The Seller made a decision to put the property back on the market and obtained a contract from “buyer #2” within a short time.  Prior to closing, the elderly lady (“Buyer #1”) returned to Arkansas and called her agent to inquire about closing on “her dream home that she has thought about throughout her ordeal.” 

To cut the story short, an Arkansas judge recognized the hardship of strictly enforcing the “time is of the essence” provision and ordered that Buyer #1 was entitled to close on the property, leaving “Buyer #2” with a damage claim against the Seller and, yes, you guessed it, the listing and selling firms for failure to disclose the existence of the prior contract.

After this decision, ARA strongly encourages a buyer and seller to terminate the contract in writing because, absent:  (i) written termination, or (ii) a Court order terminating a contract, nothing is certain and any seller who chooses to put a property back on the market after a failure by a Buyer to close, faces uncertainty and risk and should not do so without advice from an Arkansas licensed attorney.

Question – Gary Isom: 
Thanks for that explanation Tim.

Now, let’s turn our attention to those buyers who are making offers only to walk away, and in some cases disappear, after the seller has accepted their offer. We get the impression that some buyers think that if they refuse to pay the earnest money or write a bogus check for the earnest money, that they somehow have invalidated the contract they entered into with the seller.

Couldn’t there be considerable legal repercussions to a buyer who just walks away from a contract?

I know that you will first want to clarify that earnest money is not required to make an offer, but, we know that some sellers still refuse to consider an offer without earnest money.

Answer – Tim Grooms:
One of the most misunderstood concepts in real estate involves “earnest money” or a “buyer’s deposit.”  Many people mistakenly believe a contract requires a deposit of some sort by the buyer – which is absolutely untrue.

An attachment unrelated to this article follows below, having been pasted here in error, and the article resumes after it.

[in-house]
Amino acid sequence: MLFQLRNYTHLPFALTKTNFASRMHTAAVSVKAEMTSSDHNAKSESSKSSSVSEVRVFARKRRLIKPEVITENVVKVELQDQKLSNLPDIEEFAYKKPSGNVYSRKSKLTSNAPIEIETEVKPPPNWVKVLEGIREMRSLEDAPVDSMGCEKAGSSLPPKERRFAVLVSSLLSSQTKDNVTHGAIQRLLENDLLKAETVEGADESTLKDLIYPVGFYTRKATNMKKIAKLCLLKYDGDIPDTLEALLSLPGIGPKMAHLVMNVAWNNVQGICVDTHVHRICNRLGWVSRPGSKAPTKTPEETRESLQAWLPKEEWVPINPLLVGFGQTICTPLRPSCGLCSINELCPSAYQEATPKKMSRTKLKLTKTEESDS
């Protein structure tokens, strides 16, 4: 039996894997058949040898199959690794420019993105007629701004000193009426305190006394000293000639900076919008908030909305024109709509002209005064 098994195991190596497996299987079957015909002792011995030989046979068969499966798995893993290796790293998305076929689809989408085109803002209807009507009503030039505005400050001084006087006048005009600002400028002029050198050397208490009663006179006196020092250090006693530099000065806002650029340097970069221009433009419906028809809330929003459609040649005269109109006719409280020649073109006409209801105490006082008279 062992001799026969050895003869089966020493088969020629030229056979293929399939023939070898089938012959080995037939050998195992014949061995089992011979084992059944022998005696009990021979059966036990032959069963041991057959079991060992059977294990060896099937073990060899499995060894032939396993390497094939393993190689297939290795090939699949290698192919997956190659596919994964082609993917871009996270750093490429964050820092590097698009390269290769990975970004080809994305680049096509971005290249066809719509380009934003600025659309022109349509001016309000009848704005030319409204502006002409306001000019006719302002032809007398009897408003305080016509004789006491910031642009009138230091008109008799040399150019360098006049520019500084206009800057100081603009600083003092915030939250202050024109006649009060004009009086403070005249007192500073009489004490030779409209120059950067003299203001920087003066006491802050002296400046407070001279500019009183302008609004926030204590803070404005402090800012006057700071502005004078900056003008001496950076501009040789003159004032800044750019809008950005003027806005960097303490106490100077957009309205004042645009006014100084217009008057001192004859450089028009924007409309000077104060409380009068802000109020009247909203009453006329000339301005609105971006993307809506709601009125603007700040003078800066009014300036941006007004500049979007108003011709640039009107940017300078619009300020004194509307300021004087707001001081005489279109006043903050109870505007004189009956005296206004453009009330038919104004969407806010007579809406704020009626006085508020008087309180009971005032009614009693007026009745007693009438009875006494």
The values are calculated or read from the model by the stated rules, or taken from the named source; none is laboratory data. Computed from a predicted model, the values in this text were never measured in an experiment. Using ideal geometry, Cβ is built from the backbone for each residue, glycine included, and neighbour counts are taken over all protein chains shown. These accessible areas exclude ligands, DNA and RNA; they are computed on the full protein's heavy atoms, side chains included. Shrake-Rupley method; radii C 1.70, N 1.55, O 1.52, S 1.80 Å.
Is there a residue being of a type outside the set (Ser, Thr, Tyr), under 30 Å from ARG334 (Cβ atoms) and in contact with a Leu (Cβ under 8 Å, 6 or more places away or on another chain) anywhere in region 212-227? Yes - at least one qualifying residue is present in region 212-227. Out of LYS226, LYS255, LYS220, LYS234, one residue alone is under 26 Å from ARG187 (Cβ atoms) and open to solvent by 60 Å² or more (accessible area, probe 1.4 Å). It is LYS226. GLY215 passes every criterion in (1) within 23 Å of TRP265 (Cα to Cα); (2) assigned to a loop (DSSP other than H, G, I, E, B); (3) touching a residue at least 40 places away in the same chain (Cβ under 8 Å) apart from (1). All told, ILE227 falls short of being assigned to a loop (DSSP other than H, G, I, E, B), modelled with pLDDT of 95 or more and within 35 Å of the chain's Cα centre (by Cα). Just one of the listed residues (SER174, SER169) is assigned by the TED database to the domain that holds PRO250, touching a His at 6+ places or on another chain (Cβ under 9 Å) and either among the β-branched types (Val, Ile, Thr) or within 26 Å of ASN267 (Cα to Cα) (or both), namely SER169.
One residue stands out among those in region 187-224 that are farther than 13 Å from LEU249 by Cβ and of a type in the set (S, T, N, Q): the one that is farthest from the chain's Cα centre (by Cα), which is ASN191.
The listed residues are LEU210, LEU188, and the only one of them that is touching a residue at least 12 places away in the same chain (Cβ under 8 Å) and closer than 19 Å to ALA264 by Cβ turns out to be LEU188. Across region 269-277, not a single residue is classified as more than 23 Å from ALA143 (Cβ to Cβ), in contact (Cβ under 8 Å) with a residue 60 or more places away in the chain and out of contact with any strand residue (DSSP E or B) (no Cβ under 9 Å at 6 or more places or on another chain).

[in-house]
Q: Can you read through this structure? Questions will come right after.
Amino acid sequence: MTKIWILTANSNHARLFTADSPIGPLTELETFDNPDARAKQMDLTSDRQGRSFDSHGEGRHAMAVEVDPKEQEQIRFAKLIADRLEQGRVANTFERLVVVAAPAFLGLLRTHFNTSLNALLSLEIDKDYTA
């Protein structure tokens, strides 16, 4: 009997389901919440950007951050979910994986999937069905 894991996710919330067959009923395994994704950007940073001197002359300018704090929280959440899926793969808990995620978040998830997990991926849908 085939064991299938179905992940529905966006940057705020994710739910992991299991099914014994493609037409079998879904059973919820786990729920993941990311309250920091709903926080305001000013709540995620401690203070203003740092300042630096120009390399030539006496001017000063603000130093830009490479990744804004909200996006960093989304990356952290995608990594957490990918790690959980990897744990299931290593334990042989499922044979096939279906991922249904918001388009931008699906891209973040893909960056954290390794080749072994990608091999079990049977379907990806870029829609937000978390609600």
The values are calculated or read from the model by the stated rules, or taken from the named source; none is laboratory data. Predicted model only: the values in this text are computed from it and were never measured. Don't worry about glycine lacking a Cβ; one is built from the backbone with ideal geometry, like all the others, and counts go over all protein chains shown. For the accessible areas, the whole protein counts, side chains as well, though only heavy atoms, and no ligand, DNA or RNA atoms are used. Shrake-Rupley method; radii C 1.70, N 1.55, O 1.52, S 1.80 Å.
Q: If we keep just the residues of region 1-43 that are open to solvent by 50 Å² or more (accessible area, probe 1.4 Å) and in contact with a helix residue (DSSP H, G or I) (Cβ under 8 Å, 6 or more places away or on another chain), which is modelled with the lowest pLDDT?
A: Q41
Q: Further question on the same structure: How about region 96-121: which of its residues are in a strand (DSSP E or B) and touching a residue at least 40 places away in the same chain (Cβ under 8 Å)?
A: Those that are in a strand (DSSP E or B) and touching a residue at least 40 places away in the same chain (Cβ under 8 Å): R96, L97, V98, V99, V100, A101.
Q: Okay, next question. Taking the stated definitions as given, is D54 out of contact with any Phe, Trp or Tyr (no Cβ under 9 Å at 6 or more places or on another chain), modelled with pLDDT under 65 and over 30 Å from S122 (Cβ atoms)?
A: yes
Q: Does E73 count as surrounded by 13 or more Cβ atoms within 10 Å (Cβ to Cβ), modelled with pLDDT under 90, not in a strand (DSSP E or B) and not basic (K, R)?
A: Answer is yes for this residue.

All contracts require “consideration” to be binding; however, in a real estate contract the consideration is the promise of the seller to convey title at closing in exchange for the promise of the buyer to pay the purchase price.  These mutual promises are adequate consideration to support formation of a contract. 

Payment of a deposit or earnest money is absolutely unnecessary to contract formation.    Earnest money can be an effective tool, if used as “liquidated damages” (legal term for monies the seller is allowed to keep should the buyer default and without having to prove actual damages in a court of law).  However, to be effective, the sum should be a good-faith estimate of the actual damages the seller would incur should the buyer default – which means the earnest money is not valuable if “too little” (i.e. the seller is not compensated fully for the damages incurred) or “too much” (the law will not enforce a liquidated damages clause if the sum to be forfeited would be “punitive” to the buyer). 

Thus, many real estate practitioners have simply abandoned earnest money since it ends up being useless to the seller and, in fact, often creates a problem for the seller and the real estate licensee representing the seller when the buyer will not agree to either accept return or forfeiture of the earnest money when a contract should be legitimately deemed as terminated.  Thus, any buyer who “plays games” with earnest money by tendering a hot check or failing to deliver earnest money faces a contract liability situation identical to that raised by any other default.  

House to House is distributed weekly by the Arkansas REALTORS® Association.  For more information on homeownership in Arkansas, readers may visit